Conserving Heritage Breeds
Heritage Breeds and the Conservation of Genetic Biodiversity
You’ve probably heard about the world’s many endangered wild animals facing extinction. But did you know that domestic farm animals are also at risk of extinction?
Vanishing Breeds: A Consequence of Industrial Farming
The main reason for this loss of livestock diversity is the dramatic increase in industrial farming. According the American Livestock Breeds Conservancy (ALBC), today’s mass-market, high-volume food production maximizes the use of just “a few highly specialized breeds selected for maximum output in a controlled environment.”
For example, more than 80 percent of dairy cows in the United States are Holsteins; more than 60 percent of U.S. beef cattle are Angus, Hereford or Simmental breeds. Around the world, approximately 190 breeds of farm animals have gone extinct in recent years and more than 1,000 are at risk of becoming extinct. And so, the ALCB works to conserve rare, traditional and vanishing varieties of livestock.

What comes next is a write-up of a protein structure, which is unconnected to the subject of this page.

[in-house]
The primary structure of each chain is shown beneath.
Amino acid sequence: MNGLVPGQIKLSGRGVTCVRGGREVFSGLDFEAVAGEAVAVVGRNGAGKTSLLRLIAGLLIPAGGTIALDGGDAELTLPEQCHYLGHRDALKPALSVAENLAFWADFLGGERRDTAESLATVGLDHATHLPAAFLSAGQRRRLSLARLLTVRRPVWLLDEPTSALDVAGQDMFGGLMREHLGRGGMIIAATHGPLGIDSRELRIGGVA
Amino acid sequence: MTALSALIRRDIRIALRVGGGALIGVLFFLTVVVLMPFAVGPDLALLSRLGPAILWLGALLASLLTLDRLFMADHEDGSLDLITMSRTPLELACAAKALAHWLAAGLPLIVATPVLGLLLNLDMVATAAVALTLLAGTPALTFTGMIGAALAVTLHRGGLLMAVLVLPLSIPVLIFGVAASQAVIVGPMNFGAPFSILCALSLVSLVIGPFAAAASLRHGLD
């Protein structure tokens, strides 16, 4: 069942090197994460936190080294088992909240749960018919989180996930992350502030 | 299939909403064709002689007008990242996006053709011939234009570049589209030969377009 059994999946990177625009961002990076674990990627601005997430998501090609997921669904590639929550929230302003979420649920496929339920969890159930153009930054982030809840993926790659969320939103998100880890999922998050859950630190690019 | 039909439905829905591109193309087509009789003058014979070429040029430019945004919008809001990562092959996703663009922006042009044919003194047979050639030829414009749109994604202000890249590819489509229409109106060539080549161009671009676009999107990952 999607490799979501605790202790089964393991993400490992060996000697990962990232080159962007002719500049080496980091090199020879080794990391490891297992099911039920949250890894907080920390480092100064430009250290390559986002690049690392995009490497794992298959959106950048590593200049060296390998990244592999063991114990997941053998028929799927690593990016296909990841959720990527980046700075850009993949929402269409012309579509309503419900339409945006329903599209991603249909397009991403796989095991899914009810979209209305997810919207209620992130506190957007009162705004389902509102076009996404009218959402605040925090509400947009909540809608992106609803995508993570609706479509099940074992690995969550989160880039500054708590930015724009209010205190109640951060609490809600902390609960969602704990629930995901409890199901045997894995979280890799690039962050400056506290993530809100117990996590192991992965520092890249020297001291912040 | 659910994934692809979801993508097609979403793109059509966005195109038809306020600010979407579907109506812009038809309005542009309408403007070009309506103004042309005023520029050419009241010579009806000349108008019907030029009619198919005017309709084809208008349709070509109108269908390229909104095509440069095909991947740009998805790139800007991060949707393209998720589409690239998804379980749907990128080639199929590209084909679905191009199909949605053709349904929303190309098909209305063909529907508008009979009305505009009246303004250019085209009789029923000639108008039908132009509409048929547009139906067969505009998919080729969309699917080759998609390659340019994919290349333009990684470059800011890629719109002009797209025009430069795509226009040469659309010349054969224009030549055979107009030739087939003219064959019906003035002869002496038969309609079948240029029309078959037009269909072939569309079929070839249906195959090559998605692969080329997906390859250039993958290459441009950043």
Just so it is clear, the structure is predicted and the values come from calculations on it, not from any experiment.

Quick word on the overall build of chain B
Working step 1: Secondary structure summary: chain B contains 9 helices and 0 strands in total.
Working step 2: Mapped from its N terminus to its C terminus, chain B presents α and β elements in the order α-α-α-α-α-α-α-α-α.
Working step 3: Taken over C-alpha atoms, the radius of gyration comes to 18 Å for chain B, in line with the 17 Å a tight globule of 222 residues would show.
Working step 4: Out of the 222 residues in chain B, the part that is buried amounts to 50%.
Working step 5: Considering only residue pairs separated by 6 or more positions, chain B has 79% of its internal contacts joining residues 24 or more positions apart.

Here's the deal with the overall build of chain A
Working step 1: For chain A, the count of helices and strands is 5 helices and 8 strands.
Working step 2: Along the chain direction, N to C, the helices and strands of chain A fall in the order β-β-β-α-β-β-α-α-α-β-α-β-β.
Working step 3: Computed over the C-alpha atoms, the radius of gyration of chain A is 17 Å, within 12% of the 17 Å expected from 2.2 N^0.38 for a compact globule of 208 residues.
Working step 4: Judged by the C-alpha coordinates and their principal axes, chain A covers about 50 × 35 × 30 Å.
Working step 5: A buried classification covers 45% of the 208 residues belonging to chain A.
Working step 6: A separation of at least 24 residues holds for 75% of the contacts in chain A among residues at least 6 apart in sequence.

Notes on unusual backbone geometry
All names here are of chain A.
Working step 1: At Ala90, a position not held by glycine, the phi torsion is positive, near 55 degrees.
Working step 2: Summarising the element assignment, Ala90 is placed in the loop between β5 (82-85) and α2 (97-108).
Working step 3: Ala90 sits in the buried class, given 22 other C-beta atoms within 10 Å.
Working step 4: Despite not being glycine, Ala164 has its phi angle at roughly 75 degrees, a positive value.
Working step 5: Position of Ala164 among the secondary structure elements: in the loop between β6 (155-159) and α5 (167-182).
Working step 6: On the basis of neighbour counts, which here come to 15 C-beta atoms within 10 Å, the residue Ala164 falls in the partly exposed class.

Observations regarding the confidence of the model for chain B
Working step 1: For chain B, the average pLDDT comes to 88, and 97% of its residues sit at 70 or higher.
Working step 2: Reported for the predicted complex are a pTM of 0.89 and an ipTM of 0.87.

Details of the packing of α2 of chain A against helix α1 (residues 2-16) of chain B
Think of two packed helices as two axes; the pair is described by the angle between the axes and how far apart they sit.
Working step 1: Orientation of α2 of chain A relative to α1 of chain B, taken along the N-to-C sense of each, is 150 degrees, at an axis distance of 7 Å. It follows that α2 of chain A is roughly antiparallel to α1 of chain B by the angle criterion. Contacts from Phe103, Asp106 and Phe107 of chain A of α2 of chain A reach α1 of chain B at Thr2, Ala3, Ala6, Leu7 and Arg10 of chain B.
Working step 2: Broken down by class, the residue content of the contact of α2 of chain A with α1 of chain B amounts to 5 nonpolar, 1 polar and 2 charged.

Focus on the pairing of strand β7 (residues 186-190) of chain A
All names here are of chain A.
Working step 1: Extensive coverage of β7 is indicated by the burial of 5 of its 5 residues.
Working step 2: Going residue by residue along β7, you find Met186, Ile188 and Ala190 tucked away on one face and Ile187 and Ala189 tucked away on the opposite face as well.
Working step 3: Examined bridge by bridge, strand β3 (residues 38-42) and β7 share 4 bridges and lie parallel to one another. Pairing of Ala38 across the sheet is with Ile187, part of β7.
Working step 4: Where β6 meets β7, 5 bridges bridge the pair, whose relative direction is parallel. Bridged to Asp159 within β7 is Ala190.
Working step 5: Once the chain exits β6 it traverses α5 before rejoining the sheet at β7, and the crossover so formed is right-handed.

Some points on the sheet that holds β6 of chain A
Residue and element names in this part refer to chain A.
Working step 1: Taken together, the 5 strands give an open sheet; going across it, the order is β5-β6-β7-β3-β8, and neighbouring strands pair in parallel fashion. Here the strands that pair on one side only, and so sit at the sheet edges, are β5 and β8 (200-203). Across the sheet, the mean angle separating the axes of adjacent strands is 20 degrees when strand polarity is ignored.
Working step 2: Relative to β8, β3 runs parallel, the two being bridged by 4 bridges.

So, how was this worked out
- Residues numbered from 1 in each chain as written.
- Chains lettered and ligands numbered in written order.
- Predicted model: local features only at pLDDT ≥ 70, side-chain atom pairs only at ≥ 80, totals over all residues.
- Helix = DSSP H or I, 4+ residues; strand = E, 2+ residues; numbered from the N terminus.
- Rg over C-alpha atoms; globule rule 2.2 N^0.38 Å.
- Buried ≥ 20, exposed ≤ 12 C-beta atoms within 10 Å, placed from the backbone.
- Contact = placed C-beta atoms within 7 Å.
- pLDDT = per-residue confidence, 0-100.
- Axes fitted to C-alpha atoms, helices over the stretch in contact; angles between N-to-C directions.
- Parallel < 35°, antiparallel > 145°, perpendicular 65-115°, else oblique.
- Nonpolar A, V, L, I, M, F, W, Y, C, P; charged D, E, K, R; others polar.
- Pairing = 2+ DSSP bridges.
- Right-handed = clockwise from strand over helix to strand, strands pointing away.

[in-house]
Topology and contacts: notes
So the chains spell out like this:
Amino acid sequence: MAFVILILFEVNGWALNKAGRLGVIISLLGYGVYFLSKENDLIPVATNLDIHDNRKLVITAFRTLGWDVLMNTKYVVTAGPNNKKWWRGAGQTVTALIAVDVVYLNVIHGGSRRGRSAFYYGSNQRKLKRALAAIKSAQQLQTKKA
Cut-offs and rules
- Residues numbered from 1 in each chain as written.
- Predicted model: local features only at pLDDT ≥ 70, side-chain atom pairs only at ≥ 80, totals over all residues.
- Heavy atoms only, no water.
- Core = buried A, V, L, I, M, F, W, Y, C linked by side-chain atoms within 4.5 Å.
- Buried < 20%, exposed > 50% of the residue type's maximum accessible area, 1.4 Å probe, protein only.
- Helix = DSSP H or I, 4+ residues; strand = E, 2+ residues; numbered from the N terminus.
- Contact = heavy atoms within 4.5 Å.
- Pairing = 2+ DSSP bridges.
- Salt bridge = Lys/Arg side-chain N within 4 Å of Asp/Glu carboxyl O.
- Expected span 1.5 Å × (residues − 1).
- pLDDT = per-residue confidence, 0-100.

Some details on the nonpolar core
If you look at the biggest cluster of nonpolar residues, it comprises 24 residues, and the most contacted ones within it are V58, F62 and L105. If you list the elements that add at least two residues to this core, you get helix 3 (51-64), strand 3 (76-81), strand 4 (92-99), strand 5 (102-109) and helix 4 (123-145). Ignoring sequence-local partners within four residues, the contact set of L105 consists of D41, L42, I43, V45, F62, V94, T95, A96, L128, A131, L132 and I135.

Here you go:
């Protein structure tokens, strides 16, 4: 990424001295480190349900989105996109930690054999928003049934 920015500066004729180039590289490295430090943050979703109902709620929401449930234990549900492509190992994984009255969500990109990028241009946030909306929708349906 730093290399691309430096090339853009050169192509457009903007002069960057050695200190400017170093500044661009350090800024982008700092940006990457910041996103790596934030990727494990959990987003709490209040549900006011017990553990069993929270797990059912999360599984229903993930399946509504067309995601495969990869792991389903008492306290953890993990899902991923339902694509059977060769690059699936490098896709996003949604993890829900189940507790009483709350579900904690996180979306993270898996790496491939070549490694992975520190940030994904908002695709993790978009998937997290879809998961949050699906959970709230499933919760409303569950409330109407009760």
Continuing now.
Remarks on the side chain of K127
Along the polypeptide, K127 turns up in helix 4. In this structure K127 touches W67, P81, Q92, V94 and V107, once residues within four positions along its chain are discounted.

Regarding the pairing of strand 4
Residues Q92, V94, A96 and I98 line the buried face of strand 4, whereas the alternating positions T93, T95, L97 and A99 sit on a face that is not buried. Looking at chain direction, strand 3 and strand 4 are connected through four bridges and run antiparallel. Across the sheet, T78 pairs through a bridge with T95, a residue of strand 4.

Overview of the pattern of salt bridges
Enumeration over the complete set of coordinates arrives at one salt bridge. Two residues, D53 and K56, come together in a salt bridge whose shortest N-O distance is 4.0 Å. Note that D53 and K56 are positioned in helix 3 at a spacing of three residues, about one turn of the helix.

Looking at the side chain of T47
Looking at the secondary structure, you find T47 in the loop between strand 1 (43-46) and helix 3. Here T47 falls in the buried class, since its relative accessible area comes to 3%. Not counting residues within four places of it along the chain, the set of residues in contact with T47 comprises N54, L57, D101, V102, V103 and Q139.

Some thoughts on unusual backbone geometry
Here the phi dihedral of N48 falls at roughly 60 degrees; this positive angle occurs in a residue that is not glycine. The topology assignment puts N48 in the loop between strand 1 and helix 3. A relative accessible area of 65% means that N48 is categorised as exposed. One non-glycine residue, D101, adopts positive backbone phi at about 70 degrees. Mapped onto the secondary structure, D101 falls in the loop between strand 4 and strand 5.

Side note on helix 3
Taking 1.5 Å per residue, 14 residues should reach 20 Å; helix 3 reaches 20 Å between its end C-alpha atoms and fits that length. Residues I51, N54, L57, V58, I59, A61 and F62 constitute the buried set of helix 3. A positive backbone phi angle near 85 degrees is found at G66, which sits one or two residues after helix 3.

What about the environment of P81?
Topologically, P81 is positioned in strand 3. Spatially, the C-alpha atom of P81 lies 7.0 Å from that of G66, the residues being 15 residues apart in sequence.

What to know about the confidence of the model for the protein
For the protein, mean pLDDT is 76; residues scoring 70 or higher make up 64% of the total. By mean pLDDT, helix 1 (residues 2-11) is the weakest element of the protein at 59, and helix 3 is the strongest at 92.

Farming WITH Nature
At the same time, farmers dedicated to sustainable agricultural practices are focusing on breeding traditional “heritage” livestock. Heritage breeds are suited to thrive outdoors in breed-specific climates, they live on pasturelands instead of in buildings and they don’t require the antibiotics often given to livestock living in industrial farming facilities.
Florida’s Own Heritage Livestock
An example of a traditional cattle heritage breed is the “Florida cracker.” One of the oldest breeds in the United States, the cracker’s ancestors came to America along with Spanish colonists in the 1500s. This breed tolerates the hot, humid climate of America’s Southland; it thrives on wild vegetation growing in grasslands and swamps. Fortunately, the state of Florida has stepped forward to conserve this breed as a living piece of the state’s heritage. For more information, contact: www.crackercattle.org